Roman Clear Glass Small Unguentarium


A delicate Roman clear glass unguentarium with a slight green tinge. The rolled-over rim of this vessel is angled to the neck, which itself is very slightly angled to the piriform body. The glass sits on a flat base. Some earthly encrustations to the inside.

Date: Circa 1st-2nd Century AD
Condition: Very fine.


SKU: CS-126 Category: Tags: ,

Glass was often the preferred material for storing expensive oils, perfumes, and medicines because it was not porous. The small body and mouth allowed the user carefully to pour and control the amount of liquid dispensed. By the 1st century AD, the technique of glass-blowing had revolutionised the art of glass-making. The new technique allowed craftsmen to use smaller amounts of glass for each vessel and obtain much thinner walls, so enabling the creation of small medicine, incense, and perfume containers in new forms. These small glass bottles are found frequently at Hellenistic and Roman sites, especially in cemeteries, and the liquids which filled them would have been gathered from all corners of the expansive Roman Empire.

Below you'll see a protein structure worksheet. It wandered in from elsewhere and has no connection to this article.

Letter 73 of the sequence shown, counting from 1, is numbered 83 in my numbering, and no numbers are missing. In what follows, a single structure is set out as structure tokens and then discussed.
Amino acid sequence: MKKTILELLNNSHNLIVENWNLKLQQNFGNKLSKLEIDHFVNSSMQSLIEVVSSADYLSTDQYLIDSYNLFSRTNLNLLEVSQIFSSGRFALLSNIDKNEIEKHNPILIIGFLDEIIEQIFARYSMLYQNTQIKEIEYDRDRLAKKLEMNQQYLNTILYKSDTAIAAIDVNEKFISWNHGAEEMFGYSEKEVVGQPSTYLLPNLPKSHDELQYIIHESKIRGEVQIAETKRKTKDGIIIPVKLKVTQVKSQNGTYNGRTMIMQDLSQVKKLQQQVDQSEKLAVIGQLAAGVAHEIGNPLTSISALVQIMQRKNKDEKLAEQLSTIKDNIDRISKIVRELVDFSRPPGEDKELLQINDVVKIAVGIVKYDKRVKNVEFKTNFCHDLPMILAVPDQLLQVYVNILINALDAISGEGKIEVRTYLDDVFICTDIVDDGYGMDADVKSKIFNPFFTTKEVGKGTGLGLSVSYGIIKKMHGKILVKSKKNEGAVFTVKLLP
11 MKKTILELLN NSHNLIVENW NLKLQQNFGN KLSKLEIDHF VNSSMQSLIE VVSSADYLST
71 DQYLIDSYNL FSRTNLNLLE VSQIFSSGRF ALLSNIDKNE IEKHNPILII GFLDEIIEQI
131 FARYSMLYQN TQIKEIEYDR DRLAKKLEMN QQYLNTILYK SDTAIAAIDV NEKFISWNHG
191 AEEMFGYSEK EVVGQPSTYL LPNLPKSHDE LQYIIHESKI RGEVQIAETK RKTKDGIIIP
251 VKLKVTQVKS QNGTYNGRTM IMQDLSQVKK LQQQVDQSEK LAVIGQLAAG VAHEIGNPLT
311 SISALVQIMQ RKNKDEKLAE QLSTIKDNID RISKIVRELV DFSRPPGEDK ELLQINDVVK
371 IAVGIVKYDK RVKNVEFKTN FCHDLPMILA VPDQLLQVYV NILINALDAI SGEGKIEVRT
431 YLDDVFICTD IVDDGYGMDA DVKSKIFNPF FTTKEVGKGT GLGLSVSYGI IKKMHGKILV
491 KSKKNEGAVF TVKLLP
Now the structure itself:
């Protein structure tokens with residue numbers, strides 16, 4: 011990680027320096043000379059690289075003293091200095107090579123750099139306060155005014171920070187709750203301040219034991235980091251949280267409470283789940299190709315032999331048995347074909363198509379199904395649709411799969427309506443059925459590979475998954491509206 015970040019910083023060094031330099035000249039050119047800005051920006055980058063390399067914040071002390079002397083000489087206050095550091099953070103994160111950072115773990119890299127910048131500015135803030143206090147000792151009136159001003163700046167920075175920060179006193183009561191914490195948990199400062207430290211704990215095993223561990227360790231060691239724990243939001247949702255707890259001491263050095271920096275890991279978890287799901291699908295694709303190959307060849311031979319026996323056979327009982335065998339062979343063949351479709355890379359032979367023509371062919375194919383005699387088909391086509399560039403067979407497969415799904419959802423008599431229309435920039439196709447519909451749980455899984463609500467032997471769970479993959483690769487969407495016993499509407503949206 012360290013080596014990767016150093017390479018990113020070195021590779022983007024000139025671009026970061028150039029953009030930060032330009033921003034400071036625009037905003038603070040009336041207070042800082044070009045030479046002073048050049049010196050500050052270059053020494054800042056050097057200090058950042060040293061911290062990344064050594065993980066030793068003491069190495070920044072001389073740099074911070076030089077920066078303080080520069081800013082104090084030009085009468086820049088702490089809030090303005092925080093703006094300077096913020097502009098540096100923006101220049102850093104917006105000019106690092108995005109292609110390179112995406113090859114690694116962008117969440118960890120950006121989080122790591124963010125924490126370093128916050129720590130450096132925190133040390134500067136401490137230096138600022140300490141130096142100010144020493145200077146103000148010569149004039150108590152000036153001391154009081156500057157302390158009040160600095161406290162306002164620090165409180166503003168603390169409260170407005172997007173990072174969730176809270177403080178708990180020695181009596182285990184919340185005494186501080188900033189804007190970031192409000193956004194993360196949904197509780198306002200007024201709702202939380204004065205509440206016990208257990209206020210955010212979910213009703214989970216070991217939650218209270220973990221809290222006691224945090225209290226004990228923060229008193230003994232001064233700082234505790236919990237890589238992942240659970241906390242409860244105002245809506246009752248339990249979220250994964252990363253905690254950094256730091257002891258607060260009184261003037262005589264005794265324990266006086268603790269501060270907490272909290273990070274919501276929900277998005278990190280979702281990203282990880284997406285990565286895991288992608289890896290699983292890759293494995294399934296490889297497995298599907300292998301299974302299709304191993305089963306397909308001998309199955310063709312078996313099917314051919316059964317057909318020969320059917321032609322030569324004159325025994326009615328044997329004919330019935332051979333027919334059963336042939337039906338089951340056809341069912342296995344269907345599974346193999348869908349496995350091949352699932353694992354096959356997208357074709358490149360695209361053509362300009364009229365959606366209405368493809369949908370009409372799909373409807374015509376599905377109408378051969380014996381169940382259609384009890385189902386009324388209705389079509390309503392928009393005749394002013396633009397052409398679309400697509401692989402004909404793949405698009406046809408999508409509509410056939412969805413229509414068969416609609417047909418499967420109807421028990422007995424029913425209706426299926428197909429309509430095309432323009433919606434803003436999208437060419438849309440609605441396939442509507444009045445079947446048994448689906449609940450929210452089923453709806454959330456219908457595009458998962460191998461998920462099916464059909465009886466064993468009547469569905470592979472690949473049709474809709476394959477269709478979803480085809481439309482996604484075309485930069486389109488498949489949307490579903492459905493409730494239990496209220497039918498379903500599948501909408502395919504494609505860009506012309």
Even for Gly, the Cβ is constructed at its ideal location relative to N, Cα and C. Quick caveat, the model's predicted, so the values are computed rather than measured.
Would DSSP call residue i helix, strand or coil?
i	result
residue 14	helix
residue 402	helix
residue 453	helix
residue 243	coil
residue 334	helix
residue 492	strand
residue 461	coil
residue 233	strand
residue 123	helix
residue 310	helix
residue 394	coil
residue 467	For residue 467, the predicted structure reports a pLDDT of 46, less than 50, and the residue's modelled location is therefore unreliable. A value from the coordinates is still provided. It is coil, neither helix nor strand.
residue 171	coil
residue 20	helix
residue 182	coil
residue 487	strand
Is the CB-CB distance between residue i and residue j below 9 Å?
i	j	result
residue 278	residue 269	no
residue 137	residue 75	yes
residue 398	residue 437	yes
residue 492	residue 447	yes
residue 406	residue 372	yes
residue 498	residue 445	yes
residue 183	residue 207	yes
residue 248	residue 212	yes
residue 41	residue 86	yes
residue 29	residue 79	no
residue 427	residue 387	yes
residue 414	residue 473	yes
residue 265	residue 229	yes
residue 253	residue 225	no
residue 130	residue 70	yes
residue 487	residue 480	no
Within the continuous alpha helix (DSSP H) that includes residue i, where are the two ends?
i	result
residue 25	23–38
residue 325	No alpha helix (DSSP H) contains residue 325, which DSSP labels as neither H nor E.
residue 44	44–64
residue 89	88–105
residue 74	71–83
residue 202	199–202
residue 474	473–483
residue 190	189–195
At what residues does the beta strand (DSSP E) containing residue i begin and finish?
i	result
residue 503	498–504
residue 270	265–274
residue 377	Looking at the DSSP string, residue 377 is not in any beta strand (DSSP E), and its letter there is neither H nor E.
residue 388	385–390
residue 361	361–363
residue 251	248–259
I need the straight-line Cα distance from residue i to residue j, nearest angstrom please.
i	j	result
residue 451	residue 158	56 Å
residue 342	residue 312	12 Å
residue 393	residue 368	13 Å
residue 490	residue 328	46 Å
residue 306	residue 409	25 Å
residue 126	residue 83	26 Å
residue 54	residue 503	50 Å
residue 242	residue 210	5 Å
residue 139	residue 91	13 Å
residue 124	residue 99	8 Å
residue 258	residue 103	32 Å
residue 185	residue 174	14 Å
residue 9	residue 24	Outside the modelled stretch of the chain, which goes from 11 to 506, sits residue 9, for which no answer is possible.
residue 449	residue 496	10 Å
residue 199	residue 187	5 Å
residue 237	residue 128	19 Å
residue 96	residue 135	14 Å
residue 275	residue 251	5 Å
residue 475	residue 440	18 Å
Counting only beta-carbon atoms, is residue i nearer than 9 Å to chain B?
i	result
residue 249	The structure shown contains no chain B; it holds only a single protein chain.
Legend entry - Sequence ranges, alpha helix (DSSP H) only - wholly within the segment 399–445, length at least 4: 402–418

To find out more about Roman glass please see our relevant blog post: Collecting Roman Glass.

Weight 16 g
Dimensions W 3.5 x H 7.2 cm



Reference: For a similar item,The Metropolitan Museum, item number 74.51.171

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